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Running has made many things, including motherhood, so much healthier and more enjoyable for me. There is no reason why breastfeeding should be a barrier to maintaining a running practice; in fact, best practices for proactive self-care when nursing perform quite a bit of double duty for keeping a runner healthy and happy, as well.

return to distance

I am settling back into the routine of training for a half marathon after taking a year and a half away from distance running to be pregnant, give birth, and recover. There were a few races sprinkled in there, with running at shorter lengths comprising an increasingly regular part of my exercise schedule for the past year. I have to say that I am both glad I waited to embark on distance training, and that I am also filled with joy about being back to this beloved journey of gradually building endurance and physical strength to go long.

I have always framed running practice as a long-term relationship; there are seasons of life when other responsibilities and activities take priority over training, and then there are the openings that present themselves to return to a deeper commitment of time and energy. After a challenging fall of colds and sickness; one that required the patience to rest (admittedly something with which I struggle), I started to enjoy that natural paradigm shift, that changing orientation to possibility. The reward of returning to regular long runs is tremendous. I missed the self that emerges only during those solitary journeys—I missed that old friend inside of me. I missed the quiet—oh, the quiet! I love my children, but I think most mothers of young kids would agree that there is nothing like an uninterrupted thought. I missed the nothingness, the plateau of hitting the zone, when time and effort recede to the background hum, and the flight of the body becomes one with the mind.

I am revisiting a half marathon I ran three years ago, when I was at my fastest speed. I do not expect to touch this record. Bodies evolve and goals shift. I desire two things: to run the entire course, and to finish. And while the final outcome of race day excites me, I have to admit that the process of getting there is my prize this time around. One foot ahead of the other, breath locked in relaxed rhythm, the changing landscape ahead welcoming me along.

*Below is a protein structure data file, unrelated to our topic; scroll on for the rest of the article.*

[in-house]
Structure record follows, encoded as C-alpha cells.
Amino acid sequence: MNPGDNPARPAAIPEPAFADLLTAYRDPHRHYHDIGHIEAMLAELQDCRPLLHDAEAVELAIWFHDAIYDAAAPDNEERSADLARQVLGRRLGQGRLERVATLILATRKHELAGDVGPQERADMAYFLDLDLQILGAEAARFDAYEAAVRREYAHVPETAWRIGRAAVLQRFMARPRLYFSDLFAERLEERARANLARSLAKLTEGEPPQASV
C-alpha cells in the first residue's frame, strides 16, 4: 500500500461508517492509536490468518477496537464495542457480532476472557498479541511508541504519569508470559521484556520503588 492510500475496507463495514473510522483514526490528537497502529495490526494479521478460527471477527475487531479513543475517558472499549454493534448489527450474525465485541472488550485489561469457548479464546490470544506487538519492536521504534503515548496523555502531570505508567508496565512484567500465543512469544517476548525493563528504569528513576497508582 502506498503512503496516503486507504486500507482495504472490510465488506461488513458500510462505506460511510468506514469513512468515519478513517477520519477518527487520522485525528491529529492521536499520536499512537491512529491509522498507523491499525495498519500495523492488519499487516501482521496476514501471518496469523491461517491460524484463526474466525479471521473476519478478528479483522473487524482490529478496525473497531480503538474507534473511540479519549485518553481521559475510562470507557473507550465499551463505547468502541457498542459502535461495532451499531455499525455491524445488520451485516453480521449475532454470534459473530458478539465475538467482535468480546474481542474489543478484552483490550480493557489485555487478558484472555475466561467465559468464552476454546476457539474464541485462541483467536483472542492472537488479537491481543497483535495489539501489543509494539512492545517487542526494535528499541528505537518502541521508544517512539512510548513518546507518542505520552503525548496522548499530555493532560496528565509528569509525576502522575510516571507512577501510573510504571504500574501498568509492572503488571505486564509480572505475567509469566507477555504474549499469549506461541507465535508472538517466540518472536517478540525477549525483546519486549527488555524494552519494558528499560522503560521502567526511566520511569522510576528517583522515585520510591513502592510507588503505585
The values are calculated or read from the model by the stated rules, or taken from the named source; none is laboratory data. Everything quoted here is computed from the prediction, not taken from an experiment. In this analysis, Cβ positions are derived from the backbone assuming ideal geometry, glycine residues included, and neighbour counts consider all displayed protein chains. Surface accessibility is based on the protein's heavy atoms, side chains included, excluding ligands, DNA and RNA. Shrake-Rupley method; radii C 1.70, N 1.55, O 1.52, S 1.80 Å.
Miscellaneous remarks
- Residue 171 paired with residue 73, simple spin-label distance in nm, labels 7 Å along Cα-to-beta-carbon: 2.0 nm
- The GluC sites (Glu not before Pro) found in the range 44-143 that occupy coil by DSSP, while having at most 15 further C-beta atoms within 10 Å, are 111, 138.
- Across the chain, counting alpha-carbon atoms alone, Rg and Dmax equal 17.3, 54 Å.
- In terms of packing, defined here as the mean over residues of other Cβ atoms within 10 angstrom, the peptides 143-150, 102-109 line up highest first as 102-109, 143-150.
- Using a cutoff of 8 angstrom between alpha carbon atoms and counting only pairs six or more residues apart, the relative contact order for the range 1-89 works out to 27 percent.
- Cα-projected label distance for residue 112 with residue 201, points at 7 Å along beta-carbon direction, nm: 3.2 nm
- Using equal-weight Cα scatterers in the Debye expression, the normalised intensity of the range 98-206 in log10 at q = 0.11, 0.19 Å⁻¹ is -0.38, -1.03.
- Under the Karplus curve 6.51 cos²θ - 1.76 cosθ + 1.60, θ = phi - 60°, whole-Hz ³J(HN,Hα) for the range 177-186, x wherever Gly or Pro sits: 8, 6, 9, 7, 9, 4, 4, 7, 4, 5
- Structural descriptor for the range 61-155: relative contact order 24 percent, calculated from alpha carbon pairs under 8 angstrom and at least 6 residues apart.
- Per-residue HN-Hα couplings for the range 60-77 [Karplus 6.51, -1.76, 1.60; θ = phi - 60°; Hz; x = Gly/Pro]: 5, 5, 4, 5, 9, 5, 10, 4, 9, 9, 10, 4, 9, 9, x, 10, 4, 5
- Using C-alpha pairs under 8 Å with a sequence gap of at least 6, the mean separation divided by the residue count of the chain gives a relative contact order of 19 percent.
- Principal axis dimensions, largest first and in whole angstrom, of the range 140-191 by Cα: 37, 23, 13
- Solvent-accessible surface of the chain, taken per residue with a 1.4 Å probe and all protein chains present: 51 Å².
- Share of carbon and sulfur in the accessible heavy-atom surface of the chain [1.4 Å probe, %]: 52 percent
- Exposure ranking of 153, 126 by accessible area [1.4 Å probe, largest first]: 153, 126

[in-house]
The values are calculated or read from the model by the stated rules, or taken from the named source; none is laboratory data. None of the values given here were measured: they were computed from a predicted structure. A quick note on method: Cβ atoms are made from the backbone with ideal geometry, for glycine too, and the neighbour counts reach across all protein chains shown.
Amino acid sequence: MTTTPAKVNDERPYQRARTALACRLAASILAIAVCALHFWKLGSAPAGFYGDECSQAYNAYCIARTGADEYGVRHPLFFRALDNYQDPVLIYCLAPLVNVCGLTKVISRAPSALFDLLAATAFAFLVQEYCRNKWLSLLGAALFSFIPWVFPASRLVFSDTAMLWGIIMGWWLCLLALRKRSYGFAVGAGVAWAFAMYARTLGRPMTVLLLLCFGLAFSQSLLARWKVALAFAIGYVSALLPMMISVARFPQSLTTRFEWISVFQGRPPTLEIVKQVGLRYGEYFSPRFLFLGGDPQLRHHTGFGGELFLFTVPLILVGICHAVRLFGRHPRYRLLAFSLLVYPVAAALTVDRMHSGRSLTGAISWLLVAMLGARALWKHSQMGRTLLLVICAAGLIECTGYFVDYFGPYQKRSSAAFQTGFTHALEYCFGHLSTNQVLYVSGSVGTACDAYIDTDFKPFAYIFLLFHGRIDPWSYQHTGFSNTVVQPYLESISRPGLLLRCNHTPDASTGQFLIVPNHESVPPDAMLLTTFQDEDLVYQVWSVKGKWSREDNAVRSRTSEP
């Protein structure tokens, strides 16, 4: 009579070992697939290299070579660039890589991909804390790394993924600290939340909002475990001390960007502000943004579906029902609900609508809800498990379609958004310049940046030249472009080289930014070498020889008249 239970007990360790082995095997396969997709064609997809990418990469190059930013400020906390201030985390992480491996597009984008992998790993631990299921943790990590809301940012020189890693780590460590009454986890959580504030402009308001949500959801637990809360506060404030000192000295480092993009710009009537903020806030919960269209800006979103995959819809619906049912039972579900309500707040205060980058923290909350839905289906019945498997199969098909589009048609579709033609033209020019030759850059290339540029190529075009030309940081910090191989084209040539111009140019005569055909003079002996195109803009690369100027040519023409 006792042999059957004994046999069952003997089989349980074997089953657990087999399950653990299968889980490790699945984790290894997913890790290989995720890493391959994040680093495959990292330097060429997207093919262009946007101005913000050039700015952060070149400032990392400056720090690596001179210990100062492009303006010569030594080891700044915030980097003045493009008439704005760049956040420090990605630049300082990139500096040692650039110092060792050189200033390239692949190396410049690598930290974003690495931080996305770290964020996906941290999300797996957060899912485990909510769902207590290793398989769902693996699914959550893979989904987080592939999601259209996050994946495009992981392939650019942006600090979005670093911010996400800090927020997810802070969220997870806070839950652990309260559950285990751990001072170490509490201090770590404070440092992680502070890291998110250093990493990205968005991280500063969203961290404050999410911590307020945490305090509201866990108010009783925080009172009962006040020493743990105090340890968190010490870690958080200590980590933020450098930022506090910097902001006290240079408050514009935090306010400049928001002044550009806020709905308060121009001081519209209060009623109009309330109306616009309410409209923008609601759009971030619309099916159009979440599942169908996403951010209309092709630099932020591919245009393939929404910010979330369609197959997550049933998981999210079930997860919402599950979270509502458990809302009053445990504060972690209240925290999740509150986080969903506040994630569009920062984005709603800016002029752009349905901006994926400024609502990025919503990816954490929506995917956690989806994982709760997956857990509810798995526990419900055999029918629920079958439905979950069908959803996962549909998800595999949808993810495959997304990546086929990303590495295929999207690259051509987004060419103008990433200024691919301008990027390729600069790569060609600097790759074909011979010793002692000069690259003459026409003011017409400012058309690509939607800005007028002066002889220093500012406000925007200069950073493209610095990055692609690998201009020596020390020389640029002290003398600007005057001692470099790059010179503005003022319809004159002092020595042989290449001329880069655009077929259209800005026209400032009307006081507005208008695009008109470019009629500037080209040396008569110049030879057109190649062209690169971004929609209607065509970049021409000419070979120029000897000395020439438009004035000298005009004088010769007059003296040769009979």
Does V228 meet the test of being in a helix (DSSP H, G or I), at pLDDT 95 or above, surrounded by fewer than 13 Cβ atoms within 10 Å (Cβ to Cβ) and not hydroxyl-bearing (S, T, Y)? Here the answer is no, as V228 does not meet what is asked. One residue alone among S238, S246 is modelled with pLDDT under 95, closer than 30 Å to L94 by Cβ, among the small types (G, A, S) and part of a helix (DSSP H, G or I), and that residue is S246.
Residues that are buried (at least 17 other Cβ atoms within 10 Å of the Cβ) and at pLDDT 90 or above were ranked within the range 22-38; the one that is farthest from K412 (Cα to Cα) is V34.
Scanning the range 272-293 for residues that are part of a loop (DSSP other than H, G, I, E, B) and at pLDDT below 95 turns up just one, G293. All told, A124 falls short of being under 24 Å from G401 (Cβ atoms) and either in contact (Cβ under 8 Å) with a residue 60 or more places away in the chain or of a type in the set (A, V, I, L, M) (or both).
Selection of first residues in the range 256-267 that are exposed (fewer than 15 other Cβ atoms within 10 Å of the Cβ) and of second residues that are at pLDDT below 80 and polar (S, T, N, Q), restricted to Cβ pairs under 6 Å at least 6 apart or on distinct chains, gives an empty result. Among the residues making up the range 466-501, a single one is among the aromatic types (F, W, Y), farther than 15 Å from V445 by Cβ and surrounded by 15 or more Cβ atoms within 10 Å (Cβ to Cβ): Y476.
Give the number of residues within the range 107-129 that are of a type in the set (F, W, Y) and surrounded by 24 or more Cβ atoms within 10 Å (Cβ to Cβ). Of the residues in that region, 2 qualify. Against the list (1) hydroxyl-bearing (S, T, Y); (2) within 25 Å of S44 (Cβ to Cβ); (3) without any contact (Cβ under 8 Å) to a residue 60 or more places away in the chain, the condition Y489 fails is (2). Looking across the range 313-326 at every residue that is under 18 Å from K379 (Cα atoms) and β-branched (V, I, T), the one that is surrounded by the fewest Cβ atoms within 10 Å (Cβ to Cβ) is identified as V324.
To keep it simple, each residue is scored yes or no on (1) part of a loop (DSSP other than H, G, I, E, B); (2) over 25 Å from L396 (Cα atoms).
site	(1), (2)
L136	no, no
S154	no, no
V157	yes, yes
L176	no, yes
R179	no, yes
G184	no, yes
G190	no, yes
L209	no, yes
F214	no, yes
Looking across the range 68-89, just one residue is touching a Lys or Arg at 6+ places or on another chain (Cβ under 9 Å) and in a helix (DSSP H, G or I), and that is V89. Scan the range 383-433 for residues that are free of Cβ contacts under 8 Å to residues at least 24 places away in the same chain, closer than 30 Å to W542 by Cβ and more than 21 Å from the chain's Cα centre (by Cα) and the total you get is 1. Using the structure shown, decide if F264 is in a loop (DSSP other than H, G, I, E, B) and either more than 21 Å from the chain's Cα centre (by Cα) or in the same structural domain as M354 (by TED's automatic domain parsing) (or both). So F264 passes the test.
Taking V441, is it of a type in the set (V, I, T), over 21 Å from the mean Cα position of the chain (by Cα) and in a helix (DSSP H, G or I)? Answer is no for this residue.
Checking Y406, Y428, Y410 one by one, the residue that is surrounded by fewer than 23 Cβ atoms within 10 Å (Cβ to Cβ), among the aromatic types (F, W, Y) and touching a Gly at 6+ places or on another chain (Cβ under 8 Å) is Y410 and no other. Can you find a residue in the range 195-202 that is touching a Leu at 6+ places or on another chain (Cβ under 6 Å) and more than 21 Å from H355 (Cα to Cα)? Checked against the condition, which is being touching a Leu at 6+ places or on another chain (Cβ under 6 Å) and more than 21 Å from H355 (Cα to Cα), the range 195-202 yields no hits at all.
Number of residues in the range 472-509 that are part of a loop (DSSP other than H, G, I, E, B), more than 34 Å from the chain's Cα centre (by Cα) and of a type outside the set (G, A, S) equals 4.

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being with running, reclaiming myself

It’s been some time since I last updated this blog. There were certainly topics I wanted to write about, but finding the opportunity was a challenge. In the half year since I wrote, I defended a dissertation and earned my doctorate, took maternity leave, returned to work, kept two humans alive, and found my way back to running.

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After my son was born, I was immediately thrown into the intensity of defending my dissertation while sometimes going more than 24 hours without genuine sleep. My postpartum anxiety monster gnashed its teeth intensely, often appearing at one or two in the morning. Sometimes the tension and creaking of my own jaw would keep me from resting my head completely on the pillow. Like most (or perhaps every) new mothers, I held solitary nocturnal vigil. Wide-eyed and unmoving, I would listen to the baby breathing. After nursing, the hourglass would reset, and I would battle insomnia through the despair of hoping for another 90 minutes of “sleep” before the next feeding. My saving graces in these months were two rituals. First, I left the house every day, sometimes more than once a day, and walked outdoors with the baby. It was not uncommon for me to walk for 8 or 9 miles a day. The movement and fresh air was an anchor that kept me present in the here and now of the natural world; ushering me in to a safe space of familiarity and reflection at a time when it was challenging simply to converse with other people (let alone take on the entertaining we are often left to haphazardly burden ourselves with as new mothers receiving guests). Second, I started attending an antepartum support group. Every Thursday morning, I’d walk myself and my baby to the neighborhood women’s health collective and observe the sacred 90 minutes of sharing without judgement or advice. It was the medicine I needed to stay well.

As the summer began, the fog started to lift, and I slowly began to feel myself again. My sleep became more regular; the anxiety subsided, and I returned to some normalcy. Going back to work was a positive shift. I found renewed energy and space for family and friends. The baby became more interactive. I had more time for my oldest, time for the one-on-one connections and activities that were snatched away right after the arrival of the second. I feel so well and complete again; balanced and empowered. And my running practice reclaimed its position in my priorities, once again a welcome routine.